Validation of Hospital Administrative Dataset for adverse event screening
- Sandra Verelst1,
- Jessica Jacques2,
- Koen Van den Heede1,
- Pierre Gillet2,
- Philippe Kolh2,
- Arthur Vleugels1,
- Walter Sermeus1
- 1Center for Health Services and Nursing Research, University Hospital of Liège, Liège, Belgium
- 2Department of Medico-Economic Information, University Hospital of Liège, Liège, Belgium
- Accepted 19 December 2009
- Published Online First 27 April 2010
Objective To assess whether the Belgian Hospital Discharge Dataset (B-HDDS) is a valid source for the detection of adverse events in acute hospitals.
Design, setting and participants Retrospective review of 1515 patient records in eight acute Belgian hospitals for the year 2005.
Main outcome measures Predictive value of the B-HDDS and medical record reviews and degree of correspondence between the B-HDDS and medical record reviews for five indicators: pressure ulcer, postoperative pulmonary embolism or deep vein thrombosis, postoperative sepsis, ventilator-associated pneumonia and postoperative wound infection.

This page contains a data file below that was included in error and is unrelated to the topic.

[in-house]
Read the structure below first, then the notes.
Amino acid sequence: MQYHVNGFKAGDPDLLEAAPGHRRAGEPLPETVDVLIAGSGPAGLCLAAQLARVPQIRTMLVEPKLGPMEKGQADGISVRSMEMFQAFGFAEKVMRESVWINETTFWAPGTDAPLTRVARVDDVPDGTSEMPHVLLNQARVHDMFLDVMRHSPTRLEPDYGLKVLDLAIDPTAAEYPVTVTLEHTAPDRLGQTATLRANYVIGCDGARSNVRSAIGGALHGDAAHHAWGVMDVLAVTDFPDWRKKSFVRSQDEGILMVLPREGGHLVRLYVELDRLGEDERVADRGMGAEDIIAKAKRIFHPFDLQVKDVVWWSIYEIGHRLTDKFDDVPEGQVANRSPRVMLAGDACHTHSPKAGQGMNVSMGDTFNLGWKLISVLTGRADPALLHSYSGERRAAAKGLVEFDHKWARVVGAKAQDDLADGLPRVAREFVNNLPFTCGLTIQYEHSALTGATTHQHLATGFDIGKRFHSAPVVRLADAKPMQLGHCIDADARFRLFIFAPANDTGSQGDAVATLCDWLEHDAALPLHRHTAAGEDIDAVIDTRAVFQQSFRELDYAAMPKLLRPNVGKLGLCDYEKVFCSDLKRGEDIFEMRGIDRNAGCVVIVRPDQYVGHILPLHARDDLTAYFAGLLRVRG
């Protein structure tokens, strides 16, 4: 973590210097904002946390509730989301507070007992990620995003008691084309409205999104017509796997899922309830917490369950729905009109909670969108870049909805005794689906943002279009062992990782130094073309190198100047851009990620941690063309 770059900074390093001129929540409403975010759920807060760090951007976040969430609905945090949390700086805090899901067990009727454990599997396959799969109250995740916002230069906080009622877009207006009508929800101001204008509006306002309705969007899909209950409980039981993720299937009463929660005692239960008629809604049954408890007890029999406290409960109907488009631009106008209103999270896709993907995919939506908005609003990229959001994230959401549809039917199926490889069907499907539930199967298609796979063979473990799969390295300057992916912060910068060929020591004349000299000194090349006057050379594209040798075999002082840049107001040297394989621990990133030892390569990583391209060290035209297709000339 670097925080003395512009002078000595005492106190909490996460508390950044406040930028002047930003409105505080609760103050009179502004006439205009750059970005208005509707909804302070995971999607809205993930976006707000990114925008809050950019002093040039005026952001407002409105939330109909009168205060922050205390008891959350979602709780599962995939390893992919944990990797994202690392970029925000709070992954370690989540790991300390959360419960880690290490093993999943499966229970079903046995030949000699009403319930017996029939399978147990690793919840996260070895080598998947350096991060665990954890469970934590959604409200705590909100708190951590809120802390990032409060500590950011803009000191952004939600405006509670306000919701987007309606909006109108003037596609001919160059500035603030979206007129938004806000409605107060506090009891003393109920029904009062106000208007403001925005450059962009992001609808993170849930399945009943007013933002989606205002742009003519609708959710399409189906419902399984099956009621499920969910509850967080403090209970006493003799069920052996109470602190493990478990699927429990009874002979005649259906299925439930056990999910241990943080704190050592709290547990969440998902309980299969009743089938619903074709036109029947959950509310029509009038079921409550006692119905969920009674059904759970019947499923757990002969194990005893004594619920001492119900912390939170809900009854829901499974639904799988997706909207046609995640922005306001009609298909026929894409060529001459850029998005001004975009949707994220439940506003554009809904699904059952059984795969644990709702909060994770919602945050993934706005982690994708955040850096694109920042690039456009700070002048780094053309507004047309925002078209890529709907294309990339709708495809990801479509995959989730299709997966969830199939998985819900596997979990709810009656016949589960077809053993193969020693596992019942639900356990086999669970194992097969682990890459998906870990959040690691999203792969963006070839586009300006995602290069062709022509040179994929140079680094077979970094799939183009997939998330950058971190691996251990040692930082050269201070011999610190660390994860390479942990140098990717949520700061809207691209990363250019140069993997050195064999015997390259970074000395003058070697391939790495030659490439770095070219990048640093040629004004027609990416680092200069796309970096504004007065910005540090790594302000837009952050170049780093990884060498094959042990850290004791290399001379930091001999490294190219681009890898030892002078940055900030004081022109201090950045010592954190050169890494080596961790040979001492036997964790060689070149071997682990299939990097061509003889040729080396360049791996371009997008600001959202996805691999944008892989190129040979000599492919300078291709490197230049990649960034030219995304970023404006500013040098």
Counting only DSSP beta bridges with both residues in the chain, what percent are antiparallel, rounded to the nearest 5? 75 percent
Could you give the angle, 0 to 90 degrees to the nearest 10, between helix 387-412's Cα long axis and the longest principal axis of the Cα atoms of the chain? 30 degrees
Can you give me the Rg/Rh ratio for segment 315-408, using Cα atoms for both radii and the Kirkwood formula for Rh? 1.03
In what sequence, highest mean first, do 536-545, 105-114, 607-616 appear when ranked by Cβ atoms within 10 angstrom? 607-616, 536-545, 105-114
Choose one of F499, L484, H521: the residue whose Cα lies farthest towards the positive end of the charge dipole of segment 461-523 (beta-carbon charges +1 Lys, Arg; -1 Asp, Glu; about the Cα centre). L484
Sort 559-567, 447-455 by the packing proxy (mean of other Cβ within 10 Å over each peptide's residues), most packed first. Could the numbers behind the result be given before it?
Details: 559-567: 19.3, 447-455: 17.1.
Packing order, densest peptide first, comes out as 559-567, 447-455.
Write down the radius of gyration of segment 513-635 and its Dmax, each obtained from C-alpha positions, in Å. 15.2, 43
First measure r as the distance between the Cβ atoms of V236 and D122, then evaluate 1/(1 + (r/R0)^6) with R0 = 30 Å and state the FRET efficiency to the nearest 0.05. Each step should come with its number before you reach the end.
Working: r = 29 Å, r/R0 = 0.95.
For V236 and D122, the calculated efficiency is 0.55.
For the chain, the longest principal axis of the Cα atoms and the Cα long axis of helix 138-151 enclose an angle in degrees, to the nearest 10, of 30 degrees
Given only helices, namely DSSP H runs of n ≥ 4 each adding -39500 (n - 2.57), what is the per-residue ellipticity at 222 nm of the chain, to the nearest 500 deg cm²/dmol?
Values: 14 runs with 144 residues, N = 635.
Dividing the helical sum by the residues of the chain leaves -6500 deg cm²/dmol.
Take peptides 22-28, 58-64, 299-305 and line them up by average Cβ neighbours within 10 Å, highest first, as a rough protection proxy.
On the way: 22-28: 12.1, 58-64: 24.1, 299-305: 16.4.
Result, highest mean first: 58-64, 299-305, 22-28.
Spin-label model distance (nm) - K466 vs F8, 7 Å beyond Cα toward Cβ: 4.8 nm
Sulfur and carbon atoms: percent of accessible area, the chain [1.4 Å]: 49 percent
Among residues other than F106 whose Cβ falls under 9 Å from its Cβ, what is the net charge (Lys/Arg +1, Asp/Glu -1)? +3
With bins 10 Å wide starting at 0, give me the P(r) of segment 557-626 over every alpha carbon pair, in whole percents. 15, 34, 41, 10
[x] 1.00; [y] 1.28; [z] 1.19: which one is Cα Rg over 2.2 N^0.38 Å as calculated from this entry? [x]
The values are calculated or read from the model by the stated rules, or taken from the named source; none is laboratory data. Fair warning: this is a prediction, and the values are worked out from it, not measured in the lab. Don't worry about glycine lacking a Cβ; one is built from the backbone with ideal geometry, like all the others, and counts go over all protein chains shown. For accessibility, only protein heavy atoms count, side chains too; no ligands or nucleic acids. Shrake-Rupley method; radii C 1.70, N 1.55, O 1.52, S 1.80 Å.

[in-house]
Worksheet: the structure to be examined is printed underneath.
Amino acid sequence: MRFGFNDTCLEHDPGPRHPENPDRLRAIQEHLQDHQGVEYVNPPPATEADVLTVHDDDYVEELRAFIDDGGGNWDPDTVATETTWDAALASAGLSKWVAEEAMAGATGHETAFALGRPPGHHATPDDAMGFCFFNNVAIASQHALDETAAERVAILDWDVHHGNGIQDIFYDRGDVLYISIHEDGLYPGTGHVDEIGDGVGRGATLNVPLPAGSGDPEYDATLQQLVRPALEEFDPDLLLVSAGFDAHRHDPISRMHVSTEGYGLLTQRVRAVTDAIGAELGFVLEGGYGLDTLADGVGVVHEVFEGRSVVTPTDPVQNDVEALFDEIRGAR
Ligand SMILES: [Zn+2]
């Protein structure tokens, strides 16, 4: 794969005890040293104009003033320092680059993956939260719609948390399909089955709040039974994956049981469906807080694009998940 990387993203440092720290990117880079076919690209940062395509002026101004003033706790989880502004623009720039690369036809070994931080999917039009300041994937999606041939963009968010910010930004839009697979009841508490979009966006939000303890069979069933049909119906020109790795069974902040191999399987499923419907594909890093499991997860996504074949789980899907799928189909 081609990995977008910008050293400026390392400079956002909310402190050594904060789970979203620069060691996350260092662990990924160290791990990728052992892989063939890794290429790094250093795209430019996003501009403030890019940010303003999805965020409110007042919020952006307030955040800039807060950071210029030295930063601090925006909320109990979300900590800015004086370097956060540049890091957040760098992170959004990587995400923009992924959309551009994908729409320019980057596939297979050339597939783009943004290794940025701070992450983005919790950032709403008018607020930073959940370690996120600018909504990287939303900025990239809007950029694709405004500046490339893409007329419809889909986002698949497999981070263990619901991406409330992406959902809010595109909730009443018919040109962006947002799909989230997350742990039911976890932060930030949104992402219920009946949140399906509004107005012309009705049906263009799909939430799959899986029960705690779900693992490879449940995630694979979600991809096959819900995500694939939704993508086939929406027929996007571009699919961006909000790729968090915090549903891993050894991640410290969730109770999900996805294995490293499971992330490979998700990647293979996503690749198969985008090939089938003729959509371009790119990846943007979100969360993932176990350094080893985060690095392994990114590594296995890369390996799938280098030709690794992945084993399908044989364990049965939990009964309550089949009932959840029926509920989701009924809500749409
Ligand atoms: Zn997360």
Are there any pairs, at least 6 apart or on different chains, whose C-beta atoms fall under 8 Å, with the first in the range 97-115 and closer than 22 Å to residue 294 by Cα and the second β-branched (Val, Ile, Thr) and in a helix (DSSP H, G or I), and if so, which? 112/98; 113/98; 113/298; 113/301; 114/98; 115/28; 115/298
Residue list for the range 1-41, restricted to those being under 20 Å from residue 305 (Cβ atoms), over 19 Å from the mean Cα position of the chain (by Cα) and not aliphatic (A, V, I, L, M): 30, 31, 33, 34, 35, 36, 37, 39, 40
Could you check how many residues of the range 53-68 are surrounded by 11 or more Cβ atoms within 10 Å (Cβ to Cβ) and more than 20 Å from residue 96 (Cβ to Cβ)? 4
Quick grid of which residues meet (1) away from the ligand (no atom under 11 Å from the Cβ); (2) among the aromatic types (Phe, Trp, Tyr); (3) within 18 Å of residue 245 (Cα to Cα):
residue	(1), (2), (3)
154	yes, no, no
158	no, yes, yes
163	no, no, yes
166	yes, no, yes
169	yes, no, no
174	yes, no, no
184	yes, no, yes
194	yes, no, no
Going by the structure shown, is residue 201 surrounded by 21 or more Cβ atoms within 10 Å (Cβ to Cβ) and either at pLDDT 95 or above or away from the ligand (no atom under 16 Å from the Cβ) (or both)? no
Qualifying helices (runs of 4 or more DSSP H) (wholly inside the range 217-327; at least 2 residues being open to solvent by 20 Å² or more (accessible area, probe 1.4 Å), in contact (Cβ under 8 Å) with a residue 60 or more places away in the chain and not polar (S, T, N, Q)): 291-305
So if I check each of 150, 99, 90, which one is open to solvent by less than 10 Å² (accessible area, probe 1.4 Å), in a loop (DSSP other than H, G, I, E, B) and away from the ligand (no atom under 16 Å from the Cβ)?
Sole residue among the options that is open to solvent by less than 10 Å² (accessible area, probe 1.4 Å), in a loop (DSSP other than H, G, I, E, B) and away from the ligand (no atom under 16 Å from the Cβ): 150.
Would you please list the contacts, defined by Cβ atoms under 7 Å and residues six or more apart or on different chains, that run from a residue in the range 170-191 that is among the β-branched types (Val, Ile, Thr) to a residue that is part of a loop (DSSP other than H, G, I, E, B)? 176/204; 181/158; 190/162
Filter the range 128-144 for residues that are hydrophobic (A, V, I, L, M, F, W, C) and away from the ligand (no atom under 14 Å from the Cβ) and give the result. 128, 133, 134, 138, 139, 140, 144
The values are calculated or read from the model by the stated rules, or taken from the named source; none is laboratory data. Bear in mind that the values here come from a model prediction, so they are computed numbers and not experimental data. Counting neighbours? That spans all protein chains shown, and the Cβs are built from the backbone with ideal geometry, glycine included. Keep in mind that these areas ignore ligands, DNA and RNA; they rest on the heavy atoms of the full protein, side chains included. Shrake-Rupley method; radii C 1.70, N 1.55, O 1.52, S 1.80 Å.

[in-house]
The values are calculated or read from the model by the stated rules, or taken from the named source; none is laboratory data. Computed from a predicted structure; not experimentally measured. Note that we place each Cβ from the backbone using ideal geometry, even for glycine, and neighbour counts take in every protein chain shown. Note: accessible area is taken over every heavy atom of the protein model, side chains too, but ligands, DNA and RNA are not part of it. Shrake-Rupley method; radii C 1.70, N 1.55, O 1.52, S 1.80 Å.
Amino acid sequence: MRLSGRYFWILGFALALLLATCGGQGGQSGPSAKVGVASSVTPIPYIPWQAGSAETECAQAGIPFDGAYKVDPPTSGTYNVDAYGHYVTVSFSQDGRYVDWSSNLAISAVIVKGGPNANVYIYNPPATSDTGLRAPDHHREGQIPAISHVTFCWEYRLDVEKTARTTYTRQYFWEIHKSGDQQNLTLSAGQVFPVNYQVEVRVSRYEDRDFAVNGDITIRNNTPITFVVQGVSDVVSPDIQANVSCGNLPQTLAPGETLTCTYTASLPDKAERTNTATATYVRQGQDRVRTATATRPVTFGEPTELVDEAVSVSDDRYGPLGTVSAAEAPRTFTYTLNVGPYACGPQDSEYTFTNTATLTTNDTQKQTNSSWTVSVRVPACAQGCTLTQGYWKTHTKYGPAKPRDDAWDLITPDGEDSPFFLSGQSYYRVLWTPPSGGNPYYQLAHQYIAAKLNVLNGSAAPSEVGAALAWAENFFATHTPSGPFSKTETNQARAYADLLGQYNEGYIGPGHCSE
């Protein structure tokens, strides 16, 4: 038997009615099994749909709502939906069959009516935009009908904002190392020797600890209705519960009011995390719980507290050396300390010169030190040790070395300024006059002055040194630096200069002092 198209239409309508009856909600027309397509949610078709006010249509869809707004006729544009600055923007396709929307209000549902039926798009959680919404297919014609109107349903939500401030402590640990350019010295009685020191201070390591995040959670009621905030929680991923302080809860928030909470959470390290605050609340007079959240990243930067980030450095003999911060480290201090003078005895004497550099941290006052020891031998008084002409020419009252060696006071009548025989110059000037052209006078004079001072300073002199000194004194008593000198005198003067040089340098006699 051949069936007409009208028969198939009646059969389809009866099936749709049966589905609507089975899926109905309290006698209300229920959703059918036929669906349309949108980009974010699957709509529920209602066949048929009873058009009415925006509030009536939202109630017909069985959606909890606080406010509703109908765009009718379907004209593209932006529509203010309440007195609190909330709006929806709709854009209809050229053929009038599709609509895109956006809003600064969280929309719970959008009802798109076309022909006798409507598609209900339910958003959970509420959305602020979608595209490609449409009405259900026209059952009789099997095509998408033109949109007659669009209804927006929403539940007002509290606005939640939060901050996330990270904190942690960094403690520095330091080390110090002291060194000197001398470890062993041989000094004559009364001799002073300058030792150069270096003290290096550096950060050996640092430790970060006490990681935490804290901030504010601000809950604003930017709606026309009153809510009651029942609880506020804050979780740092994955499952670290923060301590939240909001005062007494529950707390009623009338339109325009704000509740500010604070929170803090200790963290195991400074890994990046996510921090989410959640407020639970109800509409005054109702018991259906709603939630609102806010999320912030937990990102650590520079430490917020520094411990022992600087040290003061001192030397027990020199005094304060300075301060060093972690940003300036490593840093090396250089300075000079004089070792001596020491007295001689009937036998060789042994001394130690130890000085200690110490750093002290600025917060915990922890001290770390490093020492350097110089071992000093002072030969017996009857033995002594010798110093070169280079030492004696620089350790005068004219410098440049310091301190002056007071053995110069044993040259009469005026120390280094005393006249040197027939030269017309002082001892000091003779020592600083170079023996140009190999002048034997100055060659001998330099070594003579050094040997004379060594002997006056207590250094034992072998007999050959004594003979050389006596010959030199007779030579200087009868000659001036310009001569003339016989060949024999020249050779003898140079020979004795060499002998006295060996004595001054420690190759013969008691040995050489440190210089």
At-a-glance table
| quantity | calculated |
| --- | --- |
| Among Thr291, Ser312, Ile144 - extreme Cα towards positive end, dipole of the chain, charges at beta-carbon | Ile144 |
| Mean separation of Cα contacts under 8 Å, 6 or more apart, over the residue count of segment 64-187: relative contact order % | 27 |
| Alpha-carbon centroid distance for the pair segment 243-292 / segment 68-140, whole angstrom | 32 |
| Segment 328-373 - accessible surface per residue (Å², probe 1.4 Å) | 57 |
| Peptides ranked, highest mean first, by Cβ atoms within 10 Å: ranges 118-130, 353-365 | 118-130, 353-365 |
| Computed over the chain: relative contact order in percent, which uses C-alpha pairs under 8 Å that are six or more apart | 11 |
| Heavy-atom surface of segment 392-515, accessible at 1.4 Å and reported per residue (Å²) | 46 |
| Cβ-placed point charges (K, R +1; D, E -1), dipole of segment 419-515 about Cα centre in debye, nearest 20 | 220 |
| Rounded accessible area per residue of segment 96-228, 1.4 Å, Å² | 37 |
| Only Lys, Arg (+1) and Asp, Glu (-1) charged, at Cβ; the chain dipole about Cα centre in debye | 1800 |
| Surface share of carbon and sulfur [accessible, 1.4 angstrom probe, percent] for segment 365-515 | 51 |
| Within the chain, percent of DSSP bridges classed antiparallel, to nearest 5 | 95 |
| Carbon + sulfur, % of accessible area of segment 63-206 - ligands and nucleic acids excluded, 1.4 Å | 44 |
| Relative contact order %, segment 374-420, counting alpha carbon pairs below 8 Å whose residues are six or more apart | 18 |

Results Postoperative wound infection received the highest positive predictive value (62.3%), whereas postoperative sepsis and ventilator-associated pneumonia were rated as only 44.2% and 29.9% respectively. Excluding present on admission from the screening substantially decreased the positive predictive value of pressure ulcer from 74.5% to 54.3%, as pressure ulcers present on admission were responsible for more B-HDDS-medical record mismatches than any other indicator. Over half (56.8%) of false-positive cases for postoperative sepsis were due to a lack of specificity of the ICD-9-CM code, whereas in 58.6% of false-positive cases for ventilator-associated pneumonia, clinical criteria appeared to be too stringent.
Conclusions The B-HDDS has the potential to accurately detect some but not all adverse events. Adding a code ‘present on admission’ and improving the ICD-9-CM codes might already partially improve the correspondence between the B-HDDS and the medical record review.
SV and JJ both contributed equally to this study.
Funding The study was funded and contracted by the Belgian Health Care Knowledge Centre (KCE), Brussels, Belgium under grant agreement 2006-21.
Competing interests None.
Ethical approval The study was approved by the ethics committee and the medical board of each hospital. Informed consent was obtained from all patients.
Provenance and peer review Not commissioned; externally peer reviewed.